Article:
In logic class, students are taught the various argument fallacies: what makes a good, reasonable claim and — often more importantly — what doesn’t. I remember sitting in class after class as teachers played videos of current celebrities, politicians, news stories and more. After each clip, we were asked to identify problems with the arguments presented. Were they false dichotomies, red herrings, straw man theories, false causes, etc? We are a culture drowning in bad arguments, so the importance of these lessons was clear to me even at the time. Bad arguments can very easily be presented in a way which makes them look like good arguments, therefore large numbers of people constantly fall prey to them.
One such example? Our entire culture has believed and bemoaned the fact Millennials are job-hoppers; they never stay in a job very long but instead flit from one to another. That statement is in itself a fact; it’s true Millennials change jobs often. The lie our culture has come to believe is this is somehow unique to Millennials. That it is yet another way this generation is changing the work environment and cultural expectations. That it is further proof of their laziness and fear of commitment. After years of hearing this message, watching employers freak out and institute new programs to try incentivize Millennials to stay and reading article after article about how employers should best manage these fickle employees, I stumbled upon a recent Pew Research study. Just this past April, the research leader divulged shocking data: Millennials are not leaving their jobs any faster than the previous generation (Gen X) did when they were the same age. In fact, Millennials are staying in their positions slightly longer. According to Pew: “In January 2016, 63.4 percent of employed Millennials reported that they had worked for their current employer at least 13 months. In February 2000, somewhat fewer 18- to 35-year-olds (59.9 percent) — most of whom are today’s Gen Xers — reported similar job tenure.”
The rate at which previous generations changed jobs is data we have always been able to look at. Why is this information just starting to be talked about now? Perhaps because it seemed obvious this was a Millennial problem. It fit with our assumptive narrative Millennials are lazy, entitled and struggle in the current economy, so of course they bounce from job to job. Very few people bothered to look much deeper than that.
This assumption lead our culture to believe a fallacy called “false premise.” In case you’ve forgotten the definitions for all the many fallacies, here is how Wikipedia defines it: “A false premise is an incorrect proposition that forms the basis of an argument. Since the premise (proposition or assumption) is not correct, the conclusion drawn may be in error.”
It seemed true, anecdotally, Millennials were leaving jobs faster than employers had seen before; therefore, it seemed true employers were facing unprecedented retention issues. But because the first thing wasn’t true, the second wasn’t either. And all the money, energy and anxiety wasted on new programs, work incentives and leadership training seminars meant to combat this problem were for naught. What seems even worse, in my mind, is the real issue went unresolved and uninvestigated because society was focused on this false concept. If you are trying to end the exit tide of Millennials based on generational assumptions that aren’t true, then you aren’t identifying the real reason those employees are leaving. The result is Millennials end up feeling more judged than they deserve and you still have an employee retention problem.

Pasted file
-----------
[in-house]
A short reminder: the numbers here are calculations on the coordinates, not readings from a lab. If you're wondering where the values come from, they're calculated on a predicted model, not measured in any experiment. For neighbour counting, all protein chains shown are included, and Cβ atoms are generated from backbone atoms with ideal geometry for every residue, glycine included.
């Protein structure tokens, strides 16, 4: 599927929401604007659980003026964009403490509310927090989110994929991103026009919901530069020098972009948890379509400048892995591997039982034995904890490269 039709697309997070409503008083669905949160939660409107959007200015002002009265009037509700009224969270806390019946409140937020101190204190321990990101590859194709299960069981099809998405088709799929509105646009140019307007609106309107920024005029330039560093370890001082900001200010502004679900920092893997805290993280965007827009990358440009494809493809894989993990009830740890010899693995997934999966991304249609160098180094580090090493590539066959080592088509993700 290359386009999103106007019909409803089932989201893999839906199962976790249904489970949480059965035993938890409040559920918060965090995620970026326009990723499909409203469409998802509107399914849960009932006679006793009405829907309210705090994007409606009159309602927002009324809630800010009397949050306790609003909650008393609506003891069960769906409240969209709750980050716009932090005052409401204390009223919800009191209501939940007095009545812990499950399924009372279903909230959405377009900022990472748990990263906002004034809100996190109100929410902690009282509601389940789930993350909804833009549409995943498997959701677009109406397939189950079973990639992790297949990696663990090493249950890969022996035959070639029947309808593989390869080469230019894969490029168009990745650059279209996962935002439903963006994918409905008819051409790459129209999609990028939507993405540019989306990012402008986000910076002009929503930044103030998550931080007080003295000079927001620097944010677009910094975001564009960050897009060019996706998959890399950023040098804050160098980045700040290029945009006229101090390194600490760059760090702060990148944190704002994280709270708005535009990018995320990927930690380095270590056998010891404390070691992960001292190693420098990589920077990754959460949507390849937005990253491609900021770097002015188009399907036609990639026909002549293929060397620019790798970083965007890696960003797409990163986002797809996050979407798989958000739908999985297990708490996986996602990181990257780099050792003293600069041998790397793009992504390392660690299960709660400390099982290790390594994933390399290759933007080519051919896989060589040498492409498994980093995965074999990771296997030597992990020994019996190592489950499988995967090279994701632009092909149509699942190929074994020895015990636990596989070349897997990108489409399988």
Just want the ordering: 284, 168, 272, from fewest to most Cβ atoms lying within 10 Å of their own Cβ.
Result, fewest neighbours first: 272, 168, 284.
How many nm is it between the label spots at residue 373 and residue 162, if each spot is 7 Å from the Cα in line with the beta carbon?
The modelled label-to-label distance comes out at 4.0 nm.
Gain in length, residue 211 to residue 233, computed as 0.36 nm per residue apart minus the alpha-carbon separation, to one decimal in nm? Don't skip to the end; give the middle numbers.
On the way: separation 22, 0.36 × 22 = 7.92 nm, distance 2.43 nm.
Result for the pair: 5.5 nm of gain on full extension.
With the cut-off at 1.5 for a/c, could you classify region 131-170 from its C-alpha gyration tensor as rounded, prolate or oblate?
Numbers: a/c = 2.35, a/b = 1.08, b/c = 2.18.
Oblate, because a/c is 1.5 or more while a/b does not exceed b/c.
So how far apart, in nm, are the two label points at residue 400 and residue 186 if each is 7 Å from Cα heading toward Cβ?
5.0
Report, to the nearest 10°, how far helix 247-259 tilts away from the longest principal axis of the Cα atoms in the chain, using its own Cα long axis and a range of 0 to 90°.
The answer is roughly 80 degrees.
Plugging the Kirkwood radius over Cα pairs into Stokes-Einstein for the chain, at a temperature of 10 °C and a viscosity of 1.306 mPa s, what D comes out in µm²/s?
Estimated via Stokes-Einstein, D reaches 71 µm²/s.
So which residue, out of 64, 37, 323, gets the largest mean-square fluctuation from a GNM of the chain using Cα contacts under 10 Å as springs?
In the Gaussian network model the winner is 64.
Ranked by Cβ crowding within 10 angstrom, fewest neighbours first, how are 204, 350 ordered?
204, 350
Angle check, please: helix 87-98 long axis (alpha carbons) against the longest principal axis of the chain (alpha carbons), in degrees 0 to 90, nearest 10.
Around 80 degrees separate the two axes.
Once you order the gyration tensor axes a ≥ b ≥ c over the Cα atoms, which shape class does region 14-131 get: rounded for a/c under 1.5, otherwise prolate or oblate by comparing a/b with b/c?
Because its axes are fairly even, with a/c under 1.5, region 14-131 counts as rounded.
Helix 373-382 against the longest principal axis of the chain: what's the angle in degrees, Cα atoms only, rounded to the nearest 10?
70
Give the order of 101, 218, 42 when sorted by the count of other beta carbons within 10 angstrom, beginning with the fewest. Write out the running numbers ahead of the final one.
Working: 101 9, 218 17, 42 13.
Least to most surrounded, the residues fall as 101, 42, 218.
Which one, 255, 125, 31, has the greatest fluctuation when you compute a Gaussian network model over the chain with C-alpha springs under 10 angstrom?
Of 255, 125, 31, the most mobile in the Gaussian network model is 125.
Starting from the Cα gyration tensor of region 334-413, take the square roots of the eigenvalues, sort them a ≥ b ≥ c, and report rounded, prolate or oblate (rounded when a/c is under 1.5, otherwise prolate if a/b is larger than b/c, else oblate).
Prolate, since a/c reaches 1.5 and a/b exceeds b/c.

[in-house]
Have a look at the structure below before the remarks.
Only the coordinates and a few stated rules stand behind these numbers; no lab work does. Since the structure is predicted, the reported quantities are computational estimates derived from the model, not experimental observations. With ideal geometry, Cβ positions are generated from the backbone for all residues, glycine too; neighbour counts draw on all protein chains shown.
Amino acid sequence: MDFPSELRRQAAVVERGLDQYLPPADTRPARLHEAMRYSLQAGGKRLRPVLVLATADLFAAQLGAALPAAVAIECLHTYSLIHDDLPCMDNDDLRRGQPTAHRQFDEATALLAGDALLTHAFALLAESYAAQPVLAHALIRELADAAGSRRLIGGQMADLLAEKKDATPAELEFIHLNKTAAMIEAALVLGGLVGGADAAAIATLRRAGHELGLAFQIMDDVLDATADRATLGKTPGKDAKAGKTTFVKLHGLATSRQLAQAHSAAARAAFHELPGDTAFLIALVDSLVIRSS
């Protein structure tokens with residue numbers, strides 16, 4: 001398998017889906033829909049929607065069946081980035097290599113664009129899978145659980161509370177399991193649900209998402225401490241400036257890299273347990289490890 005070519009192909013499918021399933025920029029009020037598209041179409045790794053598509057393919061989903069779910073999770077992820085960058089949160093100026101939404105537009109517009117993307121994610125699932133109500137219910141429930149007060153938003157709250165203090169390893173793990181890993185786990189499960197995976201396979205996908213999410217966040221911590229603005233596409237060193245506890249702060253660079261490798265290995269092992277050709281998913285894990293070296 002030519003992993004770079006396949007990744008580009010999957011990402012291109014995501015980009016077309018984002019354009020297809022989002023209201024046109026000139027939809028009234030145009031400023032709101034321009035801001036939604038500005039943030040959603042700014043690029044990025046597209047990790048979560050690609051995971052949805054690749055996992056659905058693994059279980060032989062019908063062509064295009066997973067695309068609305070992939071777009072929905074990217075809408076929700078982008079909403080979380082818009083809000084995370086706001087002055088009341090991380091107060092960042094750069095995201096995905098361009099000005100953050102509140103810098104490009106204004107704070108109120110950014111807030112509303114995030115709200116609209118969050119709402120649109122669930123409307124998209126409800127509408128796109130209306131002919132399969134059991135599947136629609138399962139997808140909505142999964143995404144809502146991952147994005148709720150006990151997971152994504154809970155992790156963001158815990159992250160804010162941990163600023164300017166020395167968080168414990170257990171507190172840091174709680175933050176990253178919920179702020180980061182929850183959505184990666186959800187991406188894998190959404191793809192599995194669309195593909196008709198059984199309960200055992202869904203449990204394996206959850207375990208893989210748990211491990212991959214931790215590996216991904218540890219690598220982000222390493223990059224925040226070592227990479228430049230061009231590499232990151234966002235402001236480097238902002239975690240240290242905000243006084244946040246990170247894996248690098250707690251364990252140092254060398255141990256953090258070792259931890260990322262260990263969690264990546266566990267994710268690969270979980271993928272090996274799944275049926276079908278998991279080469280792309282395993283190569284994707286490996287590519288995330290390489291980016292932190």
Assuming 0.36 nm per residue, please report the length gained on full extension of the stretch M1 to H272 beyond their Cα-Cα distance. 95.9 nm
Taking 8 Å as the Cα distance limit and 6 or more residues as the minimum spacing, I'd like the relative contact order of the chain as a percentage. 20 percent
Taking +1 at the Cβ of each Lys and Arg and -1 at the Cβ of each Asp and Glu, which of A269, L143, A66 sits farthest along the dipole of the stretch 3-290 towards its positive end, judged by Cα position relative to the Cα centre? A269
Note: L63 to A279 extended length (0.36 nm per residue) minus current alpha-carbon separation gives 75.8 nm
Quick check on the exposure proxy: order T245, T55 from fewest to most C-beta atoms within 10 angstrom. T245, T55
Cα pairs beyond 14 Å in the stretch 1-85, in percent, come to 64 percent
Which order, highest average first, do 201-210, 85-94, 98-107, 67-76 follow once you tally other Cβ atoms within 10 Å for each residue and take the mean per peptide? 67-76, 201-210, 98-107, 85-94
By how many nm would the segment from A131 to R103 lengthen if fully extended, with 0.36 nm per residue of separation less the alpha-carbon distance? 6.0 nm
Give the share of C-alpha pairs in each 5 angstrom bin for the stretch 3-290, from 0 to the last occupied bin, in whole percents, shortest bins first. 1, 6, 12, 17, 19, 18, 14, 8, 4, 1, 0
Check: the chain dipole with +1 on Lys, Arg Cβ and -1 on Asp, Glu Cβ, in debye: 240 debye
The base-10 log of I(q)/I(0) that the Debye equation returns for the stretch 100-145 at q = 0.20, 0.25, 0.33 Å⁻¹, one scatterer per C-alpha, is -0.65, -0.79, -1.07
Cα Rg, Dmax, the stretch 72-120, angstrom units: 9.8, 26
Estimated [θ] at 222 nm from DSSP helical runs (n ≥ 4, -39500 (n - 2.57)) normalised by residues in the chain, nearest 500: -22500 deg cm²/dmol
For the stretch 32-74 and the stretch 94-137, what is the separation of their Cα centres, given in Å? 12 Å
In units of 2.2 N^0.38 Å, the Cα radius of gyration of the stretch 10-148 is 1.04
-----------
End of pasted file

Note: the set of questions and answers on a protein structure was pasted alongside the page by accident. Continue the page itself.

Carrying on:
So what is the root cause for job-hopping? The truth is hard, hence the ease at which people put blame elsewhere: we don’t know. According to that same Pew study: “The increasing job tenure of college-educated Millennials is consistent with a decline in employer switching among all working-age adults since the 1980s. The reasons for the decline are not well understood.” Meaning, this retention problem has been happening for 30 years and we’re still not fully sure why. Similar studies have also looked at the following issues as possible causes: rise of dual-career households, the decline in middle-skill jobs, occupational licensing and the need for employees to retain health insurance; unfortunately, no definitive proof was found directly linking those issues as the cause either.
It’s easy to jump to conclusions when the answer is elusive and unknown. We are a culture which likes to fix things and you can’t fix what you can’t diagnose. But let’s not be so hasty that we create a worse problem by fixing a false diagnosis.
Emily Enger is a millennial farm kid turned farm journalist. She also works in marketing, serving as Communications Director for a nonprofit that covers nine rural counties in northern Minnesota. These opinions are her own and should not take the place of legal or professional advice. To comment or pitch future topics, email her at For reprint permission, email editor Joan Kark-Wren at